Last month, the MIT Association of Puerto Rican Students organized a three-day donation drive to help Puerto Rico in the aftermath of Hurricanes Irma and Maria.
With an entire population affected by loss of electricity, shortages of food and water, and the inability to contact family members, two members of the MIT Association of Puerto Rican Students, seniors Gabriel Ginorio and William Rodriguez, decided to utilize resources on campus to help.
“When we saw pictures of the flooding, people losing their homes and just the figures, we wanted to take action in some tangible way,” Rodriguez says.
First, Ginorio and Rodriguez did research to locate any ongoing hurricane relief donation drives being held in the Boston area. They found an organization called Puerto Rico Rises – Boston, and were told that they were unable to send donations to Puerto Rico because the island’s ports were clogged. Due to a lack of truck drivers to distribute items, and debris blockage in the streets, it was difficult to transport donations from the port to those in need.
“In that moment,” Ginorio recalls, “I said, ‘We won’t be able to do the supply drive. We don’t have any storage for a month. How can we store something for a month? That’s not worth it.’”
The possibility of a donation drive at MIT came to fruition when Ginorio and Rodriguez got into contact with Henry Monroig, a pastor in Dorchester, Massachusetts who was taking time off from work to collect and deliver donations to Puerto Rico. Monroig had created a Facebook video about the difficulty of trying to send a pallet to the island. Curt Schilling, a former Red Sox player, came across it and offered to help Monroig with the cost of transporting the donations.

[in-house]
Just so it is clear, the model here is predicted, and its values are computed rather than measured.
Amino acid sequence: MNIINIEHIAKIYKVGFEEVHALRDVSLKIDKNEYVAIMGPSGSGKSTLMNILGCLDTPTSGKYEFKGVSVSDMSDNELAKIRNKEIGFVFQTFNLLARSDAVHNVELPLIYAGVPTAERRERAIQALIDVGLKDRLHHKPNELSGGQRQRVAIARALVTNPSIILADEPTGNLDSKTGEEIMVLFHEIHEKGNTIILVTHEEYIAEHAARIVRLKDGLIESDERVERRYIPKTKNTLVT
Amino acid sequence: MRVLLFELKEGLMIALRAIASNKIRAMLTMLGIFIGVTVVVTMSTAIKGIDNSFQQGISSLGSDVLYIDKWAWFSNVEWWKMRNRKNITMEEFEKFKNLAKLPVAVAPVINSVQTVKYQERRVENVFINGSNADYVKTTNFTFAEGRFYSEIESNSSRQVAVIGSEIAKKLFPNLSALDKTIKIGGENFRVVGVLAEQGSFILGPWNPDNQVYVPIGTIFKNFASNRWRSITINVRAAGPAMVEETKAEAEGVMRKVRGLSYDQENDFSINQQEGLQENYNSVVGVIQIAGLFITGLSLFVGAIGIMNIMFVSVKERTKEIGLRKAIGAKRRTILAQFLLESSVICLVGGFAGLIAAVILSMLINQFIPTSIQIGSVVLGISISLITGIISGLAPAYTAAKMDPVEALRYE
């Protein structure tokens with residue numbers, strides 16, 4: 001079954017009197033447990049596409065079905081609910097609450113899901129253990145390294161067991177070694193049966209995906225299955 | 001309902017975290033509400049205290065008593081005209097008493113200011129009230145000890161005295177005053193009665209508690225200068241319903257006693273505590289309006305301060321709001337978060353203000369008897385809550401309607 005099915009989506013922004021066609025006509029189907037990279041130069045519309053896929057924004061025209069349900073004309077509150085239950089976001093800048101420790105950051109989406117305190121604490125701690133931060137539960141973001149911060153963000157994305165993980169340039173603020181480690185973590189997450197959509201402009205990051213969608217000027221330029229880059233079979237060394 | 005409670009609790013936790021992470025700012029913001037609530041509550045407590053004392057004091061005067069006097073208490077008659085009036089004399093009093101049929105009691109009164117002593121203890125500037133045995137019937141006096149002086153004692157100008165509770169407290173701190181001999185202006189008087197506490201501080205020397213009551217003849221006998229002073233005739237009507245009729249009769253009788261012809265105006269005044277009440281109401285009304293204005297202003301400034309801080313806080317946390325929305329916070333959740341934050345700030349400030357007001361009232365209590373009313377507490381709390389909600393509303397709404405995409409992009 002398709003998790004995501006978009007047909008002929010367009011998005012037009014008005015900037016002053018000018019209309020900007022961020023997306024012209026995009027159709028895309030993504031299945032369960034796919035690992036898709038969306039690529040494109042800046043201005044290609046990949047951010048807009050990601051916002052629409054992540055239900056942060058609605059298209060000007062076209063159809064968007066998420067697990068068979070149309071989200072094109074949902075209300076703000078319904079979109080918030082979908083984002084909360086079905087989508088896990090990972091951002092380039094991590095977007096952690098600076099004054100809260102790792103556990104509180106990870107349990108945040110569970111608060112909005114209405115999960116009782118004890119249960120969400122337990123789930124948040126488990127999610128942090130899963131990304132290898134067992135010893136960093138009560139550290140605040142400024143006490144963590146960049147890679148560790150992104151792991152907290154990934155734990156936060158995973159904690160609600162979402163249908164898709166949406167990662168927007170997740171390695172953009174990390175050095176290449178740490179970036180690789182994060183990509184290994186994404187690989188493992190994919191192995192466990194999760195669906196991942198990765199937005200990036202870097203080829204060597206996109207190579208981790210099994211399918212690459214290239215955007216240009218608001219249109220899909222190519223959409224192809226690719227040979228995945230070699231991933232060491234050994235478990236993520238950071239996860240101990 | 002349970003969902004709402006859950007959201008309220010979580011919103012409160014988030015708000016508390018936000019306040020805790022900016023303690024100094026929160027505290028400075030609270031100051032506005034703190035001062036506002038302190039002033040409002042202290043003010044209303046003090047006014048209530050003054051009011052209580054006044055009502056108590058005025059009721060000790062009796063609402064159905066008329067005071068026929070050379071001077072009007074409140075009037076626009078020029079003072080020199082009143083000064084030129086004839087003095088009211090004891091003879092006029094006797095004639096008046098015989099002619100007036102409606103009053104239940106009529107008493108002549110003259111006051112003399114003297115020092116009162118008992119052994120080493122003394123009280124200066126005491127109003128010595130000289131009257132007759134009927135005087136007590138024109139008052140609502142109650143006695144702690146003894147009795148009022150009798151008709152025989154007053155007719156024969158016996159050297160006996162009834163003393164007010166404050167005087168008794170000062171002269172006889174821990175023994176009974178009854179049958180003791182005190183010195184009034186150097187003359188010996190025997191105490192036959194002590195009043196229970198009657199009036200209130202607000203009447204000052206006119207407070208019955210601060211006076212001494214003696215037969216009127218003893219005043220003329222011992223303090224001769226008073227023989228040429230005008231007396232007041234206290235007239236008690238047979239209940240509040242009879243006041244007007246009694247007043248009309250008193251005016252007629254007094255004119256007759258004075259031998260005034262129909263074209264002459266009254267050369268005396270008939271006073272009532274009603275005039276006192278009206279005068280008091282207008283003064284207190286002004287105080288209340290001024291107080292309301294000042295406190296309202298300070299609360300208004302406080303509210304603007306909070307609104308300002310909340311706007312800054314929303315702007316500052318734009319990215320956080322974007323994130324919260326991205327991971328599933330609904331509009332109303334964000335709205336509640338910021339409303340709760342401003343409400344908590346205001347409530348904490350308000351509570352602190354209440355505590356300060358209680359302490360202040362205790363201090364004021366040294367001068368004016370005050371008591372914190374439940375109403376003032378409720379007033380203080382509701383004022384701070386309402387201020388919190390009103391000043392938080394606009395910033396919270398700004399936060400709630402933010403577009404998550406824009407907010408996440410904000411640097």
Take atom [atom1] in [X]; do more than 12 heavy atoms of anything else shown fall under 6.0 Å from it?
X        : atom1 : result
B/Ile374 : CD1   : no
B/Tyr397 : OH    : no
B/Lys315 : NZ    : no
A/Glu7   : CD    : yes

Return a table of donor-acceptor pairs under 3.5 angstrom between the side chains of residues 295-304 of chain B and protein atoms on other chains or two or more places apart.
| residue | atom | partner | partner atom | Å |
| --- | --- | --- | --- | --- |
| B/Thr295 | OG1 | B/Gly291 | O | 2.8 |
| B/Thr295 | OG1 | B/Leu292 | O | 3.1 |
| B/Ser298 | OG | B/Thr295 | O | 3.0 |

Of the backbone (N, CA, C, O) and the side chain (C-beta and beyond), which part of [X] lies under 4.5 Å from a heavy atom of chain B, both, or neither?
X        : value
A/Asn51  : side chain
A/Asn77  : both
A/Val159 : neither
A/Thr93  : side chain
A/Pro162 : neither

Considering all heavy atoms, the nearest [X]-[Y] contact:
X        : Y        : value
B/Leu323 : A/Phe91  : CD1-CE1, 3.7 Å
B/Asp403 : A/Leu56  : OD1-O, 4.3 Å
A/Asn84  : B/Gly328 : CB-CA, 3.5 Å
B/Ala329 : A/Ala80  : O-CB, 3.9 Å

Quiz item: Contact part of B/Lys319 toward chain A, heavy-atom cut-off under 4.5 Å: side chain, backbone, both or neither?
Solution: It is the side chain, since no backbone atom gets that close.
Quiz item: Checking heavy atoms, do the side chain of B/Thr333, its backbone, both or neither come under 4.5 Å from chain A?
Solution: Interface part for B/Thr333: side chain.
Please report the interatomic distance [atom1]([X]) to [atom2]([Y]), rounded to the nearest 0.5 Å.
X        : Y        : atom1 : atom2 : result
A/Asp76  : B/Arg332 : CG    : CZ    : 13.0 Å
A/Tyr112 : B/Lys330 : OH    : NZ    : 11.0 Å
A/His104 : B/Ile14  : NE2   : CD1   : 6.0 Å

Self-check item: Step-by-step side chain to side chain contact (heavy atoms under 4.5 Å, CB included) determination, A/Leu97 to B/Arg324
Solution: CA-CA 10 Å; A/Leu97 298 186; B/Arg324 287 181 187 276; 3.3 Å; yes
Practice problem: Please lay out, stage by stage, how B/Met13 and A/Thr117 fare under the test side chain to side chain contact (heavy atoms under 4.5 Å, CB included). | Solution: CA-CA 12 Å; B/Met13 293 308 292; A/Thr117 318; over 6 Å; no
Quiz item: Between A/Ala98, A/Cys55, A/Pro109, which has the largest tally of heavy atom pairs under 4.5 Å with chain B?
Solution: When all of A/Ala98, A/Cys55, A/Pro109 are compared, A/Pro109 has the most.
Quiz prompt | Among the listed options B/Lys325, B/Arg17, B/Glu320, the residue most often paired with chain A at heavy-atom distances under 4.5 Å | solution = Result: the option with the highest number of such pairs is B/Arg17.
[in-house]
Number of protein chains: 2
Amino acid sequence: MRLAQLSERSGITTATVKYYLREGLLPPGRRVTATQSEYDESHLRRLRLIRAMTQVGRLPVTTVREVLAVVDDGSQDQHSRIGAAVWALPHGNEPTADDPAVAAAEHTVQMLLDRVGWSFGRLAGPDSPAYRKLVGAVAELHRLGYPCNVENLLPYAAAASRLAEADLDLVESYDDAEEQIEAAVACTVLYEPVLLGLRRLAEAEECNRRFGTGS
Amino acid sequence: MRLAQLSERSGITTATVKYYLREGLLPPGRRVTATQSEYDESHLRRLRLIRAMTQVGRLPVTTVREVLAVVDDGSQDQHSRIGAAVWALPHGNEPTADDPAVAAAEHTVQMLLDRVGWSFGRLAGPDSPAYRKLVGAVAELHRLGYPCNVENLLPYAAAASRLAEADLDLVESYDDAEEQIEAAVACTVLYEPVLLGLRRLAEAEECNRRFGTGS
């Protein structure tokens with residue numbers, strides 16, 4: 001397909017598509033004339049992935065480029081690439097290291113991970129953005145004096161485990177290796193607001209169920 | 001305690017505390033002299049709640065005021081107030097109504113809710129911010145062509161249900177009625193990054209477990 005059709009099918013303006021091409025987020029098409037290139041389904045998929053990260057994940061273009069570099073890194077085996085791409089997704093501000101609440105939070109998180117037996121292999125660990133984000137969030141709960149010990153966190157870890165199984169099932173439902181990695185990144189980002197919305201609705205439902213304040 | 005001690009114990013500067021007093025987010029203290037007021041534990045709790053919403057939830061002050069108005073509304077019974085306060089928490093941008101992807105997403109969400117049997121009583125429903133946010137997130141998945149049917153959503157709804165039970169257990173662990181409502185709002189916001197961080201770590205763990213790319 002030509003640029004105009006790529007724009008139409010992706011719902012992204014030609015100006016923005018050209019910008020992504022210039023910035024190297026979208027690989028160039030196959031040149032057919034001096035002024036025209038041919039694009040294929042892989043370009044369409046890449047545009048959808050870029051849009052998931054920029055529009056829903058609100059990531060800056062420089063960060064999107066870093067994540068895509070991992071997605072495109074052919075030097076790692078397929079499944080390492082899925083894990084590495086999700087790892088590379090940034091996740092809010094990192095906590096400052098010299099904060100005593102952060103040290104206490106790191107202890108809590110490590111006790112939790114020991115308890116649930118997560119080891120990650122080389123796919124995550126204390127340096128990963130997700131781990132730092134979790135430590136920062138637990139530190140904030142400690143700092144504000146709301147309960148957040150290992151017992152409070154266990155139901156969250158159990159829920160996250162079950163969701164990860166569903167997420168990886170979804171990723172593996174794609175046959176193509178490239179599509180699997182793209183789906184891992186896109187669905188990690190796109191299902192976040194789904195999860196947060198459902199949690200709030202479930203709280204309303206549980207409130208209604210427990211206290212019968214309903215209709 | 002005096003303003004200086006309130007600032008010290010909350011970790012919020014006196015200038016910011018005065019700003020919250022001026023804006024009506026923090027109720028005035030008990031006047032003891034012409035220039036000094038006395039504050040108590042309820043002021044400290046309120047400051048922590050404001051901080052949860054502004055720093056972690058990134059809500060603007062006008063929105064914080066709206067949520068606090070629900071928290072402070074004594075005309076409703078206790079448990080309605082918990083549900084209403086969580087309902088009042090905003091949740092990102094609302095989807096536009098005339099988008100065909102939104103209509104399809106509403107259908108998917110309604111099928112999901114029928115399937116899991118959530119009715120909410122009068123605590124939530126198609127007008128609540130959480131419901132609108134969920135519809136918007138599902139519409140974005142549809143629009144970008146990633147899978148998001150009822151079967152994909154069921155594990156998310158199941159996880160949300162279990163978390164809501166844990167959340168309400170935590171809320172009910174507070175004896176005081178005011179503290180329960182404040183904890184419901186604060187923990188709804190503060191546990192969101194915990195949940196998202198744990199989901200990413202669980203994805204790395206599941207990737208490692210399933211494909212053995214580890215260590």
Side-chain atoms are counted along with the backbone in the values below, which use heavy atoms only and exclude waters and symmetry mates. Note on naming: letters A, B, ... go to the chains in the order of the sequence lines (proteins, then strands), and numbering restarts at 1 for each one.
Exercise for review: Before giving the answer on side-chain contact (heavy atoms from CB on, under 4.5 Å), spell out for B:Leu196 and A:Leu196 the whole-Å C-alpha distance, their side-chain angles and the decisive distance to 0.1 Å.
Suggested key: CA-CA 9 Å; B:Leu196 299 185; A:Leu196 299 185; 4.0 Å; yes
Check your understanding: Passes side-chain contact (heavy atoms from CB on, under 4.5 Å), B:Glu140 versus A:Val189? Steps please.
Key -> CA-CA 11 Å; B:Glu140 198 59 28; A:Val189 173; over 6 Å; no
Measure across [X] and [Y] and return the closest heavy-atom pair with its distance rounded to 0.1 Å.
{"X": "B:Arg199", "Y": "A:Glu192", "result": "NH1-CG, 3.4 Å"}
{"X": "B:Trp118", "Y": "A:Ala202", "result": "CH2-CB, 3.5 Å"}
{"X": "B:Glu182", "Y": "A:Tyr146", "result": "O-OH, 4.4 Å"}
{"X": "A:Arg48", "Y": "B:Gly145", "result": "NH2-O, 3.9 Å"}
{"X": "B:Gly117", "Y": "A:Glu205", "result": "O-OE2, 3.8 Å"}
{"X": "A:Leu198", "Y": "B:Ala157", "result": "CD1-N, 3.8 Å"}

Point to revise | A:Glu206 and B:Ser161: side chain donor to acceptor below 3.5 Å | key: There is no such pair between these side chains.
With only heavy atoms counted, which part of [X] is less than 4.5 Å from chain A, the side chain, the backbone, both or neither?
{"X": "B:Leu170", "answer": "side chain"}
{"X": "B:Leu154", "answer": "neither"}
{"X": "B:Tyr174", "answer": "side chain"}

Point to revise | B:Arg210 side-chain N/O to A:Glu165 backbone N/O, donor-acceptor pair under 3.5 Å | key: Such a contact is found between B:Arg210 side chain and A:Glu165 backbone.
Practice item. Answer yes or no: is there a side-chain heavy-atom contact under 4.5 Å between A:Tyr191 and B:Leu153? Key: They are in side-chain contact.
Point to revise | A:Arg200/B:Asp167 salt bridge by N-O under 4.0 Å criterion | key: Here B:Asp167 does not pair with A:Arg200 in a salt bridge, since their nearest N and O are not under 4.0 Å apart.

“Henry immediately became the only option to send materials to Puerto Rico in the whole Boston area,” Ginorio says. “So, we put faith in him and said, ‘You know what? We’re going to do this drive.’”
The group organized a Venmo account for monetary donations and set-up a table collecting donations outside of the Stratton Student Center. Once the group started advertising, MIT students, staff, and faculty responded with tremendous enthusiasm and generosity. “We had an amazing — overwhelming, really — amount of support from the MIT community,” says Ginorio.
In total, they raised more than $5,700 in monetary donations and 6,000 pounds of in-kind donations, which have served over 5,000 people in need on the island. “It was really an expression of the generosity of the MIT community,” Rodriguez says.
Support from the Institute did not end here. On the last day of the drive, Monroig was unable to pick up the final batch of donations. An MIT Police officer called the MIT Parking and Transportation Office and asked them if anyone would be willing to deliver the items to Monroig outside of their working hours.
“They are just about to leave for their homes and we’re asking them to make another one and a half hour trip to go deliver and come back,” explains Ginorio, “and amazingly, they showed up with the brightest smiles on their faces, willing to help, willing to put every supply into the trucks.”
MIT’s Office of Student Support and Wellbeing offers all MIT students support by providing individualized services, coordinating resources, and offering innovative prevention and education programs. Whether it be a tough academic week or a natural disaster, staff are commited to helping all students in times of need.
David Randall, senior associate dean of student support and wellbeing, says, “The MIT community is incredibly resilient and incredibly compassionate. It rallies around itself when there is tragedy on campus and it thinks about the world when there is tragedy away from MIT.”
Randall says each student in the Institute is inherently a problem-solver, and he recalls a conversation he had with a group of Puerto Rican students about the lack of fresh drinking water on the island. “They didn’t want to talk about getting bottles of water to Puerto Rico because anybody could do that. They wanted to solve the problem. And that’s what makes MIT different than every other place.”
Ginorio and Rodriguez have also created a website where members of the community can collaborate and learn more about what they can do to further help Puerto Rico.